Global Missions in the Indiana-Kentucky Synod:
Chile: the Evangelical Lutheran Church in Chile
We are walking together with our fellow Lutherans in Chile!
The Indiana-Kentucky Synod has been in relationship with the Evangelical Lutheran Church in Chile (IELCH) for several years. IELCH is the governing church body in Chile that is part of the Lutheran World Federation.
The IELCH currently has about 3,000 members, cared for by twelve pastors. Congregations are located in the central part of Chile in the areas of Santiago and Concepción and in the southern part of the country at Punta Arenas.
Pastora Presidente Gloria Rojas is the head of the Lutheran Church in Chile.
Nearly 15.4 million people live in Chile. Spanish is the official language. Ethnically, Chileans are mostly white and white-Amerindian (95%) with Amerindians (3%) and various other minorities.
Chilean religious practices are overwhelmingly Roman Catholic (89%) with some Protestant (11%) and Jewish groups as well.
Chile is located along the west coast of southern South America. It covers an area almost twice the size of Montana. The climate is temperate with a desert in the North and cool, damp conditions in the South. The terrain is mostly low coastal mountains with a fertile central valley and rugged Andes Mountains in the East. Natural resources include copper, timber, iron ore, nitrates, precious metals and molybdenum.
The IELCH is engaged in solidarity work and considers itself called to minister among society’s poor and oppressed. The IELCH continues to be very active in the defense of human rights and serving the basic needs of people who are the “residual” product of the present economic system. These ministries are carried out mainly through the participation in FASIC (for human rights) and the Oficina de Diaconia and the work done by EPES.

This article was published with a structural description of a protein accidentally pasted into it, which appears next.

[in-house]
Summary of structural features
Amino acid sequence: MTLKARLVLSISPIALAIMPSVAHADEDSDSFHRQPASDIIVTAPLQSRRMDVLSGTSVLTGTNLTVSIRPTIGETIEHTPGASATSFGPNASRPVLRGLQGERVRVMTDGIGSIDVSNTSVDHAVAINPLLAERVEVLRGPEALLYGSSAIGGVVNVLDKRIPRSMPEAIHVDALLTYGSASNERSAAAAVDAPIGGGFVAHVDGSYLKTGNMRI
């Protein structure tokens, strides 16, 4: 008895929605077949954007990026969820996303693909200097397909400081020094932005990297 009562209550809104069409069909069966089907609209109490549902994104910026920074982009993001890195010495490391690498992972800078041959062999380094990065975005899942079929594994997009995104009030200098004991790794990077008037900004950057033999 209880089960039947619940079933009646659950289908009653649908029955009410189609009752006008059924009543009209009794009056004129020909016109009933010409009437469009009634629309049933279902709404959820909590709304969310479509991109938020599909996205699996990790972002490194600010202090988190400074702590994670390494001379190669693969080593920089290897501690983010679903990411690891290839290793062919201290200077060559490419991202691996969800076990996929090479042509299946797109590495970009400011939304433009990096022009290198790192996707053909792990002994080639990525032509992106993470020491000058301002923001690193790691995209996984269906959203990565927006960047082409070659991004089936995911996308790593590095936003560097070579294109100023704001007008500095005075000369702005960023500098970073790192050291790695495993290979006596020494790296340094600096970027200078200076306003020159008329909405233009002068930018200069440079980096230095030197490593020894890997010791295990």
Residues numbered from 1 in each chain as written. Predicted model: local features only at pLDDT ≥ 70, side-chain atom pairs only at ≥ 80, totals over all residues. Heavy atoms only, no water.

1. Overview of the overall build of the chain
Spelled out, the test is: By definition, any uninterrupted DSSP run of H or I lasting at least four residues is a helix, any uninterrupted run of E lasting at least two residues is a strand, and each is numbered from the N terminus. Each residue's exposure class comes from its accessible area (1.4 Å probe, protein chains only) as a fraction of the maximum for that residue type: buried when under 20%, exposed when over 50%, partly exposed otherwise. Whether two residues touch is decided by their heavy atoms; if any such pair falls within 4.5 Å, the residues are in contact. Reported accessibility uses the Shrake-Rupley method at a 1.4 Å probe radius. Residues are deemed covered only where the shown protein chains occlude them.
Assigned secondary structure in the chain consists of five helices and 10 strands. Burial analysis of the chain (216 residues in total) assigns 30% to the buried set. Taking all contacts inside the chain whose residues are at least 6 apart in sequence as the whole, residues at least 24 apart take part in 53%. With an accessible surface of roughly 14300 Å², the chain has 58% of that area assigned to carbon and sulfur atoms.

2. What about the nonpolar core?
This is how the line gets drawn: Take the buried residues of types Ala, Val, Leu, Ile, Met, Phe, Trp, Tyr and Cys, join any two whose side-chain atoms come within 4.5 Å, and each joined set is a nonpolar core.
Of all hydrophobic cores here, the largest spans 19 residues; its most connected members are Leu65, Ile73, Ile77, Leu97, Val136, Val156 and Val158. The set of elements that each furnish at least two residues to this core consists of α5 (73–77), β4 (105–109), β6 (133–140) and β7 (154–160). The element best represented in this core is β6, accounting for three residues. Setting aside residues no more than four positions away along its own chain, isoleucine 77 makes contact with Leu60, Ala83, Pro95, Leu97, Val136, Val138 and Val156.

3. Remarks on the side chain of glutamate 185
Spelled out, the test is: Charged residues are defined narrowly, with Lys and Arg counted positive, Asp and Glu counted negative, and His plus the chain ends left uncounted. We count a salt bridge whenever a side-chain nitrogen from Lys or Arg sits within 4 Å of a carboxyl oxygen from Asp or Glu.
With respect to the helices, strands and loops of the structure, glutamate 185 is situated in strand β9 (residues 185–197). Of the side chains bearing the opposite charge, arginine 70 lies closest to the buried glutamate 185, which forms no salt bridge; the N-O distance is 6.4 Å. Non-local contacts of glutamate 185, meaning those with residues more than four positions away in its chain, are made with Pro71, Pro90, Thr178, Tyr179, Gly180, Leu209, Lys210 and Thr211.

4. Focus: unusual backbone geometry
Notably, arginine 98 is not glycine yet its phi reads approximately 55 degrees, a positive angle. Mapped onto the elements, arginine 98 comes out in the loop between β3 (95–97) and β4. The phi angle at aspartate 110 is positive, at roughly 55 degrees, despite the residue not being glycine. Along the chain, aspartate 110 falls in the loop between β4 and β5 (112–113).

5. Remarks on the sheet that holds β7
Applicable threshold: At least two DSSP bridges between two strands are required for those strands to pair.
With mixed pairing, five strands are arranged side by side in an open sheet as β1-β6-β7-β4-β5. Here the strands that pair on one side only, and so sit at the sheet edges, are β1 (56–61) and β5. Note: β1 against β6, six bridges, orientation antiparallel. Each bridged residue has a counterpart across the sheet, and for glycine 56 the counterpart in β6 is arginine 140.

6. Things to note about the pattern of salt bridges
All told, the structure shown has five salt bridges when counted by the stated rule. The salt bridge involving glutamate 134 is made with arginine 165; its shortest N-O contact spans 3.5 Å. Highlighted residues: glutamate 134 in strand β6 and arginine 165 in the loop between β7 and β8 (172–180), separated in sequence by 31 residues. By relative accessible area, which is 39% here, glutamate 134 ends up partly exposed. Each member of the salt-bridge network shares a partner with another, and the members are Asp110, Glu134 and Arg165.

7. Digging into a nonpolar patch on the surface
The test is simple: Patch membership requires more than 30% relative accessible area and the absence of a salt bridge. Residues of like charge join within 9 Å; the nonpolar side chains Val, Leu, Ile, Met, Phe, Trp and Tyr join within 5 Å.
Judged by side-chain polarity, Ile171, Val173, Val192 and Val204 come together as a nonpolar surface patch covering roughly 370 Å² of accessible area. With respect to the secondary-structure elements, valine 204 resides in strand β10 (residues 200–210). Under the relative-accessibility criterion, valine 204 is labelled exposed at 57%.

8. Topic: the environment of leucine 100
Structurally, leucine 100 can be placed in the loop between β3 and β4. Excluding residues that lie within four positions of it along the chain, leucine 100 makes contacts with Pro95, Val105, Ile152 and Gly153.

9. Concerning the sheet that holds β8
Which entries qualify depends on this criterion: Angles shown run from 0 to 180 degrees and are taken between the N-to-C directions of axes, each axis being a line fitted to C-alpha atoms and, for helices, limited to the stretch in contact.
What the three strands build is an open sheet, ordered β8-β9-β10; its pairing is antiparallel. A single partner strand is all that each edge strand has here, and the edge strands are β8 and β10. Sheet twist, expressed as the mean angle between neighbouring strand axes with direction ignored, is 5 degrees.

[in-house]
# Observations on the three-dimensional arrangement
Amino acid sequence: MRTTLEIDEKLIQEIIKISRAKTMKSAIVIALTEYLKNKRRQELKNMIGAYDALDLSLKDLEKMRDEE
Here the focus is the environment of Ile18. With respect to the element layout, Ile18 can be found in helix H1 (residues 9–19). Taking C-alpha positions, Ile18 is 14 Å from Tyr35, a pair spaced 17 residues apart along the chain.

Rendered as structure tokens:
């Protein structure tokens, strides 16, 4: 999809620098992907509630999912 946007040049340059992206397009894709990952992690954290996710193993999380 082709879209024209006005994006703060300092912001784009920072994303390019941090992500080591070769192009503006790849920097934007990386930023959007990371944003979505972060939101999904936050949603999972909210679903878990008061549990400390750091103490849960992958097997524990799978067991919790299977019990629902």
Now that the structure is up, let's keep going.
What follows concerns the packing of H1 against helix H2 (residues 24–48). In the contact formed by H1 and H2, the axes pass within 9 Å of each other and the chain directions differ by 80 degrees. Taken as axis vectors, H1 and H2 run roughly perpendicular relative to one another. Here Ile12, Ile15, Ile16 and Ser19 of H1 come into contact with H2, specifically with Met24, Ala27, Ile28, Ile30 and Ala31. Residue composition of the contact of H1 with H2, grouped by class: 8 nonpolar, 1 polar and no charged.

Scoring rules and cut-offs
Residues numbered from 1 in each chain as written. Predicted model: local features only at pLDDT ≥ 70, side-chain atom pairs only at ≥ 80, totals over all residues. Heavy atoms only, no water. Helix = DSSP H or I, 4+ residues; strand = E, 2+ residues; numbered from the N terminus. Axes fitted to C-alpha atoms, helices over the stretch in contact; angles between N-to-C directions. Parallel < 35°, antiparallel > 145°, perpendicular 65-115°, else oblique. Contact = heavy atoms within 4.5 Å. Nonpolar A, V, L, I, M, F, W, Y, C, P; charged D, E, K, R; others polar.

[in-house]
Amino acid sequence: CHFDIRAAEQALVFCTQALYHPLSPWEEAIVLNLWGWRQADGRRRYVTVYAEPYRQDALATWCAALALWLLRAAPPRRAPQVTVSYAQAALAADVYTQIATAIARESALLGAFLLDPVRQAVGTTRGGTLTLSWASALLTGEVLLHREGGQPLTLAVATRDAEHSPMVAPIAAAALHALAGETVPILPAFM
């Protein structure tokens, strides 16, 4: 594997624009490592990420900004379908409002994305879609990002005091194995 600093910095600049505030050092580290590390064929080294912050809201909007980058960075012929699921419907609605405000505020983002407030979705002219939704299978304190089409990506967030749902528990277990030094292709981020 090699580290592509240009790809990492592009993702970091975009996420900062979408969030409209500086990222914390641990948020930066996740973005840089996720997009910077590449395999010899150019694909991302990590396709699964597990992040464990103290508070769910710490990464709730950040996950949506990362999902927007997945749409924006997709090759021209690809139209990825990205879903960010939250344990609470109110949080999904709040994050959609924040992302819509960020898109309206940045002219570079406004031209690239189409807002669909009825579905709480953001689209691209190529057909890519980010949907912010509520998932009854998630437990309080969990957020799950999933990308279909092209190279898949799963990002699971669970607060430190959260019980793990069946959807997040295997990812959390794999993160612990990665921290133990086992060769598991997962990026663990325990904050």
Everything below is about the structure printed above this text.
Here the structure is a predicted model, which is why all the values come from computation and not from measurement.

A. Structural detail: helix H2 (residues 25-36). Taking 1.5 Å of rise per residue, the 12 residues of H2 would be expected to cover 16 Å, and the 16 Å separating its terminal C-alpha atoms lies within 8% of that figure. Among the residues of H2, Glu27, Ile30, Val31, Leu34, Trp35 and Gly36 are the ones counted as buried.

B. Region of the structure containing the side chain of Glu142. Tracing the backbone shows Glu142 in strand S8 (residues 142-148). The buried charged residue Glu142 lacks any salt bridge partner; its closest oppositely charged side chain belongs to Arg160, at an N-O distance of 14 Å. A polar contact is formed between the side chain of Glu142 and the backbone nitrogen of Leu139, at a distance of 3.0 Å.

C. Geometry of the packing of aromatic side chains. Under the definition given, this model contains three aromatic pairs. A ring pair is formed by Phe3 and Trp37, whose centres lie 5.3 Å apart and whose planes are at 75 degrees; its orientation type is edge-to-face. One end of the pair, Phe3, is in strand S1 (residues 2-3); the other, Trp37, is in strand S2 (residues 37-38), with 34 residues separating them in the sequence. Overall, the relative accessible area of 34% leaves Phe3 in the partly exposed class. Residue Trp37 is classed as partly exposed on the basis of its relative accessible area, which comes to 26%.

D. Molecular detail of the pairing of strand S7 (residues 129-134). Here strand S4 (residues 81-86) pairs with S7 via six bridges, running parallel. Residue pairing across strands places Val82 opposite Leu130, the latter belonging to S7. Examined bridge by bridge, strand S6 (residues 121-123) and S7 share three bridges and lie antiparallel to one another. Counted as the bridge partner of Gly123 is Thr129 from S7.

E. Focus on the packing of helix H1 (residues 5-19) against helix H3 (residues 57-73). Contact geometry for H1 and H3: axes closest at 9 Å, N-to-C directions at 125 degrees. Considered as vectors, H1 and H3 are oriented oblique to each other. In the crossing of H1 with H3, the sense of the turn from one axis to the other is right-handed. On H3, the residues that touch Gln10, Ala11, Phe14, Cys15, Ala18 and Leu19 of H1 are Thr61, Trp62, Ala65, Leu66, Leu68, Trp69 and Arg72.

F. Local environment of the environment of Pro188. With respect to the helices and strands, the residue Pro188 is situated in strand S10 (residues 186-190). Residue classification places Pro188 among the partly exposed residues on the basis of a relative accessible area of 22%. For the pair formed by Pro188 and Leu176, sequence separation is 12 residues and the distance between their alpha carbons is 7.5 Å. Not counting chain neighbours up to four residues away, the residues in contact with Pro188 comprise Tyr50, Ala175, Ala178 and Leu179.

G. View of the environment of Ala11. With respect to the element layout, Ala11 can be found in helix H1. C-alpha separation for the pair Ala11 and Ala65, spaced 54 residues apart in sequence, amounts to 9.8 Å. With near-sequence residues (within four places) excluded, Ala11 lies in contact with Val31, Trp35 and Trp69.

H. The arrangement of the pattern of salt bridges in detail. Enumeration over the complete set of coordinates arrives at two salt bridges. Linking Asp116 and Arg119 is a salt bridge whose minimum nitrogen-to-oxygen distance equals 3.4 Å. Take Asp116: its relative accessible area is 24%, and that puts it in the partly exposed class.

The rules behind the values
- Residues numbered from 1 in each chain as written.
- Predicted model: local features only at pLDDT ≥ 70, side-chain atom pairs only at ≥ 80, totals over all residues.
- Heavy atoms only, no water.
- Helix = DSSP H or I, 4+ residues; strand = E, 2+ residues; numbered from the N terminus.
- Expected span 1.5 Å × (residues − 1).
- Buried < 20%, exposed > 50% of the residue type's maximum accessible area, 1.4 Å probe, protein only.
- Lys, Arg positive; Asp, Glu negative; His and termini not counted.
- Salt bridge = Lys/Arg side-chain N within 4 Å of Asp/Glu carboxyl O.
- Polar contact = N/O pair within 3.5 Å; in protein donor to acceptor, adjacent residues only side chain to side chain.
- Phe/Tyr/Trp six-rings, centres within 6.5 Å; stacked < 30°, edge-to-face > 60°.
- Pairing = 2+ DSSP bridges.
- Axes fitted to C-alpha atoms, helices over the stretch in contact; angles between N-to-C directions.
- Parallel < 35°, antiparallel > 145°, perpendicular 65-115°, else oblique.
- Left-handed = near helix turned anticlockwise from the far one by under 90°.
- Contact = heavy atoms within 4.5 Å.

The mission of Education Popular de Salud (EPES) is to promote health education, which is based on the participation of people in local communities. It understands that health is not a privilege, but a right which people have. It uses methods that are open, engaging ordinary people so that they claim their own rights and work cooperatively for their own good and the good of the community.
EPES has trained Health Promoters who have become community developers. Health is not understood only from a medical or clinical perspective, but in the context of social, political and economic conditions. Health promoters have been very active in the movement for justice for landless people who form the many “poblaciones” (Shanty Towns) in the city of Santiago. Most of the health promoters are women, and the program has empowered them to take control of their own lives, often including becoming better educated.
Another outreach program of the IELCH is in the community of San Bernardino. A center provides before school and after school educational programs and a nutritional program for poor children in the community. The program has been supported by Bread for the World and other sponsors.
· Synod delegation trip to Chile in 2001.
· I-K welcomed Pastora Gloria at the synod assembly in 2002.
· I-K provided 1,000 Spanish language hymnals in 2002
· Funds to purchase 500 Bibles were sent in 2003.
Air pollution and water pollution (from raw sewage) are the nation’s largest environmental concerns.
Unemployment (at 9%, 2000 est.) remains a stubborn economic problem.
Congregations of the IELCH are in an environment of poverty
What can we do in our companion relationship?
· Pray regularly for our partners
· Learn about the culture
· Support mission work, especially women’s projects.